I have a bed of light soil which I was planning to use for the carrots, so hurrah. I have a pile of 'compost' (it wouldn't pass muster in the UK, its too dry here most of the time to make it well, not to mention the lack of worms, but I have left one pile out in the winter rain and one pile is under a tarp, I am going to compare results shortly) and I will follow your advice and use it as mulch, which means its lack of disintegration will be less important.

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I am not just posting because I have something to say about the garden :shh:

 

We have had a warm and sunny week after a cold spell. It's horrendously dry, normally we hear the stream rushing past, but it's silent, and reservoirs are seriously low. Rain is forecast next week, fingers crossed. We are watering our new Autumn purchases (2 almonds, 2 oranges, a loquat and a persimmon) and the carrot and beetroot seeds which have just gone in, but the rest of it will have to fend for itself. I will plant toms later and probably peppers, but unless we have a deluge, that might be it, I am so worried about watering. My broad beans are coming on a treat, excellent germination rates, and most are now in flower. Next year I am going to try an Autumn sowing of peas and French beans as well, the idea being I can pick before the searing heAt comes. There is a lot of bee activity which is encouraging. I can see the bright pink of the first peach buds (ahead of the almond, probably because the peach is established).

 

The open to the elements compost heap is doing better than the other one.. The inside is actually wet and composting, although slowly. However, given I am turbo charging beds with guano and various other goodies, I going to keep it till the Autumn.

 

We are still using a branch off a bay tree, picked about 3 years ago, to provide our bay leaves :shock: it's still sweet and lovely in pork stews and the like.

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Portugal sounds so much warmer than here :mrgreen: , especially with the cold blast we are about to get.

 

I've just sowed some hanging basket sweet-peas :D

Lucky little things get to go in a heated propagator.

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We have gone from swamp to concrete - nothing happening in the garden here, although OH has been treating the wood on the greenhouse and shed! Potatoes are still chitting in the kitchen - when this cold snap goes we'll be back in the garden.

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I managed to get some digging done the last 3 mornings 4 beds now ready to rotervate only got 2/3's of this years onion bed to clear and dig would have done a bit this am but I'd had enough after physio

I might start sowing seeds the end of the week and if the rest arrive in time

Can't see the spuds going in on the 17/03 through and Good Friday might be wishful thinking as well

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I pruned my black currants last week (2 months late :roll: )

 

Haven’t really had time or the energy to go to the Lottie this year. :cry:

Have move time off in March so need to pull my finger out and start digging.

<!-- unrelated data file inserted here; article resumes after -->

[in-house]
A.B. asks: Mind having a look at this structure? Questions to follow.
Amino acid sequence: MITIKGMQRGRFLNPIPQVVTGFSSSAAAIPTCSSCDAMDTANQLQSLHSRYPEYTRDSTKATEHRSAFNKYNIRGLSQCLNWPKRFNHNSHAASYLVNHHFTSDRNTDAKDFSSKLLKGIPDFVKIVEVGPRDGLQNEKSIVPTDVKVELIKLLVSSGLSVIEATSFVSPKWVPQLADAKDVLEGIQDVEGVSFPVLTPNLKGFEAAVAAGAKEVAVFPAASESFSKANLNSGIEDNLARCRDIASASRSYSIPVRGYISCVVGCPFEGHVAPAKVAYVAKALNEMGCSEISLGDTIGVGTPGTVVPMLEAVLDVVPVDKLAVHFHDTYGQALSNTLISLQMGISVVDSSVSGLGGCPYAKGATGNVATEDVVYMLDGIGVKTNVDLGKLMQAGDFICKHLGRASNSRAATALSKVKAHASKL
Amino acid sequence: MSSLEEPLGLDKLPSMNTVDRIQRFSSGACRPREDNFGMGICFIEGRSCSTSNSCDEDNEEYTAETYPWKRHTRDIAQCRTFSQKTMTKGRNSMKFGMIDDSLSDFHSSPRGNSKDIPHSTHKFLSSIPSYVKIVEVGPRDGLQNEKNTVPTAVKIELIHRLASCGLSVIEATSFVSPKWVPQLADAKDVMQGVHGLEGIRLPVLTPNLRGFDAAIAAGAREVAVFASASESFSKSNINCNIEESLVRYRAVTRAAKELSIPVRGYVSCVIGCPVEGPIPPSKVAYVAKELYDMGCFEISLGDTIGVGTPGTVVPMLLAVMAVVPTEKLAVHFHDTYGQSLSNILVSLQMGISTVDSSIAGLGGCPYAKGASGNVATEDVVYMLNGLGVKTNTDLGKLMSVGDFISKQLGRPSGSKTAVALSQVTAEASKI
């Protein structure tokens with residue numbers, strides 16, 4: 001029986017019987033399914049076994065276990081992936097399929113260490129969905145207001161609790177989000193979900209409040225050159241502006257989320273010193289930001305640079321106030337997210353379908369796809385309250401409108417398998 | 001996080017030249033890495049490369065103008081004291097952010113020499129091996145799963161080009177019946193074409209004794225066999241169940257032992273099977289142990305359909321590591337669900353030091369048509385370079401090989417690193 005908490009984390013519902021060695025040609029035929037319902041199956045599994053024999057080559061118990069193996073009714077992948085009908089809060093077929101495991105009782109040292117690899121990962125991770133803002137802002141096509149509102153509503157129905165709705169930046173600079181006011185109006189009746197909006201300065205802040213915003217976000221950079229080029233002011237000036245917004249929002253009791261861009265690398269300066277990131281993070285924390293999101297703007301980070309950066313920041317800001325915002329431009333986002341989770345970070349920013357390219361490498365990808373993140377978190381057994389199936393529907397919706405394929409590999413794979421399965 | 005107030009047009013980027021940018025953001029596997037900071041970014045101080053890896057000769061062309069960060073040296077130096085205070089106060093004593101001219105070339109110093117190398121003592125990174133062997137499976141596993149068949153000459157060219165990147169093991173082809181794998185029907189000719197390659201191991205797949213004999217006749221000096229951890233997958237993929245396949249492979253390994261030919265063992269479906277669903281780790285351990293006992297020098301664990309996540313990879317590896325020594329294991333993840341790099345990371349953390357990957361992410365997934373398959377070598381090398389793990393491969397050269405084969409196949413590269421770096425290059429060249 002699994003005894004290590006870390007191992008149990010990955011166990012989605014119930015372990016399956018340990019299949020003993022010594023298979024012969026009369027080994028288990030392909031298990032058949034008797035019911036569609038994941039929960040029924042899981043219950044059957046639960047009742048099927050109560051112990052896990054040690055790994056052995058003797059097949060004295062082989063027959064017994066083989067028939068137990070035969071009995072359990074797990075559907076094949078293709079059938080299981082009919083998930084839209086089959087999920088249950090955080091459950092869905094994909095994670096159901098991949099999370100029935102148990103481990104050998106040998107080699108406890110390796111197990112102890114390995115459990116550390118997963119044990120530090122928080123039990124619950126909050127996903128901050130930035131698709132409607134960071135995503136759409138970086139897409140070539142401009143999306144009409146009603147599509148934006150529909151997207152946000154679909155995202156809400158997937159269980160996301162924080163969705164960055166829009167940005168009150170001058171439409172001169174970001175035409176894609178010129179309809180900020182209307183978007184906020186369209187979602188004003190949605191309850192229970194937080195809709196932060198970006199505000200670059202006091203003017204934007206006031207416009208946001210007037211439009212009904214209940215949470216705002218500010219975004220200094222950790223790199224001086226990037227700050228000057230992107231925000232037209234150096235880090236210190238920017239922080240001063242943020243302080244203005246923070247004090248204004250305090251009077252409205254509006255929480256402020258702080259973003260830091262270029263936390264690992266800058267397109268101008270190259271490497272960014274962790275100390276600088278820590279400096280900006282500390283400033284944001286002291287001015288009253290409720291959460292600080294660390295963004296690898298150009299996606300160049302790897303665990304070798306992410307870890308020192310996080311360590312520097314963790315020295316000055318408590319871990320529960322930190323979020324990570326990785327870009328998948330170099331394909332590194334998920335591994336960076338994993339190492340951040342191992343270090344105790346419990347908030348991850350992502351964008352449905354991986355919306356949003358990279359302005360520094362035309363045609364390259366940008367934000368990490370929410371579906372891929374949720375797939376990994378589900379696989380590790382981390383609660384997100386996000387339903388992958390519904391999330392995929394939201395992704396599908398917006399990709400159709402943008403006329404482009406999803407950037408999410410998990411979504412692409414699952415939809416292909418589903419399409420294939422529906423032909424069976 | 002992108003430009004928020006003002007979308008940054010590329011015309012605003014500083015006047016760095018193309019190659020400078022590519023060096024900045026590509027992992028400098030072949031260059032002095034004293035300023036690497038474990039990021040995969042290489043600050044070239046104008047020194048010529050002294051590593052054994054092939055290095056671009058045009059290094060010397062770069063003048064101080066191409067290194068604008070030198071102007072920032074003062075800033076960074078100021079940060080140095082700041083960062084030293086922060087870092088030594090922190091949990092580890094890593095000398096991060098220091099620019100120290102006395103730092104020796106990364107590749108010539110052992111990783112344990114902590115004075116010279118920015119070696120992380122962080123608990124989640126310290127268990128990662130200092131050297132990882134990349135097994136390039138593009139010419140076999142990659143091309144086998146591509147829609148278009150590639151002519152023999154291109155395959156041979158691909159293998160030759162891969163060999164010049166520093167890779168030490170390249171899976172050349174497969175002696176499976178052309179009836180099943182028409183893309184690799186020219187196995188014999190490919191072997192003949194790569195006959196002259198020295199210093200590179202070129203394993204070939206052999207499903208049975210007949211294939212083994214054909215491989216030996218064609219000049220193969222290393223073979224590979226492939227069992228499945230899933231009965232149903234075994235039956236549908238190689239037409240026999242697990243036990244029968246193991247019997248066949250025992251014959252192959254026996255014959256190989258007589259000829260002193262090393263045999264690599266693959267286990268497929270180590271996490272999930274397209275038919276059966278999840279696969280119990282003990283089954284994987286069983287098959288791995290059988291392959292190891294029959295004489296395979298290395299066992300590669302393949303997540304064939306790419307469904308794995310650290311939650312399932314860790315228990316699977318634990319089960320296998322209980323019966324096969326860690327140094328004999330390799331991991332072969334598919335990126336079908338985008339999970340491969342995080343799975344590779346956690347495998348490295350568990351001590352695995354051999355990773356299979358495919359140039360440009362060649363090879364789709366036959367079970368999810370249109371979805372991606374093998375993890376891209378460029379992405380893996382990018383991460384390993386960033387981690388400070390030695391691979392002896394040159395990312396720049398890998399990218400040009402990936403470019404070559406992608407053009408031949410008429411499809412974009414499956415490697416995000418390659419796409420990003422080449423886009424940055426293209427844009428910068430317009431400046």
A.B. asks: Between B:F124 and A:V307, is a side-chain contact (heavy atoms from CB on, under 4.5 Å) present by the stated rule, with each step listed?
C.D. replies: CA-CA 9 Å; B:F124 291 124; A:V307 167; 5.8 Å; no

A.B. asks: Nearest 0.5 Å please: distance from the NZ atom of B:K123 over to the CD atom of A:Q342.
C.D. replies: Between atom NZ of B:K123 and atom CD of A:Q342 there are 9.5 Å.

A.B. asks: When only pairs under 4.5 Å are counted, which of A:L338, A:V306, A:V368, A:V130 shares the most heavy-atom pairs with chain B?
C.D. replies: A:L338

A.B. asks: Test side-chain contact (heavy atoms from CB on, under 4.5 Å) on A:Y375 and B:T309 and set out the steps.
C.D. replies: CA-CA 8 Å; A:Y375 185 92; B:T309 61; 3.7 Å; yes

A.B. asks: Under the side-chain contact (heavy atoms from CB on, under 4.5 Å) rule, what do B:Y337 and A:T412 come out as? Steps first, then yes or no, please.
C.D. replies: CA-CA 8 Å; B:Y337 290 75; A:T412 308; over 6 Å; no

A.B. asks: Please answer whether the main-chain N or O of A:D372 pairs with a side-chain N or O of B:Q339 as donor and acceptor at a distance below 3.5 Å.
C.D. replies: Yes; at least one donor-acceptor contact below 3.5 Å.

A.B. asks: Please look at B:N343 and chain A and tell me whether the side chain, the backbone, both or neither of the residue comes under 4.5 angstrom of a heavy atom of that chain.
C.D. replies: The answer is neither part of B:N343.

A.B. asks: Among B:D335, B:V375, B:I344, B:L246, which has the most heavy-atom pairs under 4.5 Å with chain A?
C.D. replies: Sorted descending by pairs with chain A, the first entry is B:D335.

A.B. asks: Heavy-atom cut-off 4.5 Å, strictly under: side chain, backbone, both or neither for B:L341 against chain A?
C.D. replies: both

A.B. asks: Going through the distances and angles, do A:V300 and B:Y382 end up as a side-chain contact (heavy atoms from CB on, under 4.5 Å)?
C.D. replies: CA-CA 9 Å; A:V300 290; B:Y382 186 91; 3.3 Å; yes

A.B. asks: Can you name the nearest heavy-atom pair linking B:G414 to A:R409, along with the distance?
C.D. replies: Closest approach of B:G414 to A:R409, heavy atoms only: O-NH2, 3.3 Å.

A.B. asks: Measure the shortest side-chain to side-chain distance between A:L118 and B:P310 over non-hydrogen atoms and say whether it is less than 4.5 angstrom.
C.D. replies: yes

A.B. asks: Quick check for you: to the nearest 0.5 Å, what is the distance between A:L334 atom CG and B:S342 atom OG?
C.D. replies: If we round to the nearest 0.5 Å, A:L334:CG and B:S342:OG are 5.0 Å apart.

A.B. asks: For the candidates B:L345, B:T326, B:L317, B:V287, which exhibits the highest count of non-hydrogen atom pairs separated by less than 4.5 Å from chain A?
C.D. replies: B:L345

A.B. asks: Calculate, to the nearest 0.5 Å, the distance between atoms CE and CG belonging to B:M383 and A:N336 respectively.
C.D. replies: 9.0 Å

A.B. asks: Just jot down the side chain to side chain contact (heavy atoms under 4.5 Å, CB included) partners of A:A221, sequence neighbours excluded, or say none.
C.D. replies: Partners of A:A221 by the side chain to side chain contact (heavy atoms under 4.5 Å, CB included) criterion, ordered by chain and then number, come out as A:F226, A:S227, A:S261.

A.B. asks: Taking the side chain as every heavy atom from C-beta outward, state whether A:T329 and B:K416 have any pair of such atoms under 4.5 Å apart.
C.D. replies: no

The hens appreciated the kale I picked for them and I still have onions hanging up in the shed, which look ok.

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I finally finished the winter prune of the apples about 10 days back first one I've been able to do in 3 winters just need to run the pruning through the shredder hopefully tomorrow or Wednesday if it's not to cold to do the oil change on it first

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Still harvesting parsnips every Sunday and have 3 leeks left. The sprouting broccoli is still standing but not sprouting yet so not sure what’s going on there - can’t remember what variety it is.

 

Have planted broccoli and leek seeds in the small unheated greenhouse but not sure they’ll be rushing to germinate as it was-4 in there this morning!

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My Jerusalem artichokes are still going strong, but it's looks like deer have discovered the kale >:( 

Need to spend a few days at the lottie to get everything cleared up, but it's daunting.  I'll get there....

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Oh no!  Methinks your lottie should have some protection for people's plots from the big beasties. Might be worth mentioning it - especially if there are a fair few of you suffering a loss of this sort.  On the other hand you must have yummy greens!

We had rabbits but we managed to fence them out of our little section, but rats were the worst and the rat catcher came and said he collected over 350!  He said they were coming from the railway.  What had particularly attracted them was the chickens - that section was visibly riddled with runs - many caved in.  The food had been tipped all over the place and the man was asked to remove them all when he added a dozen turkeys to that little plot.  He wasn't looking after the birds and I never saw him at all. After their source of food disappeared they found the other plots.  We gave up after that.

One person (at a different allotment) had a family of foxes playing and bouncing all over the fleece protection!  But her worst damage was done by the badger. 

There is a new allotment up the road from us where a farmer donated part of his land.  It has double security gates and deer fencing has been erected.  

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It has been rabbit proofed but deer fencing is too expensive. I'm lucky that I have a corner plot.  There is a huge hedge down one side plus I fence in the rest of the plot to stop the Terrier escaping.  I'm lucky that the deer rarely come into my plot.  They've had the chard, beetroot tops and kale but during the summer, everything else is left alone.....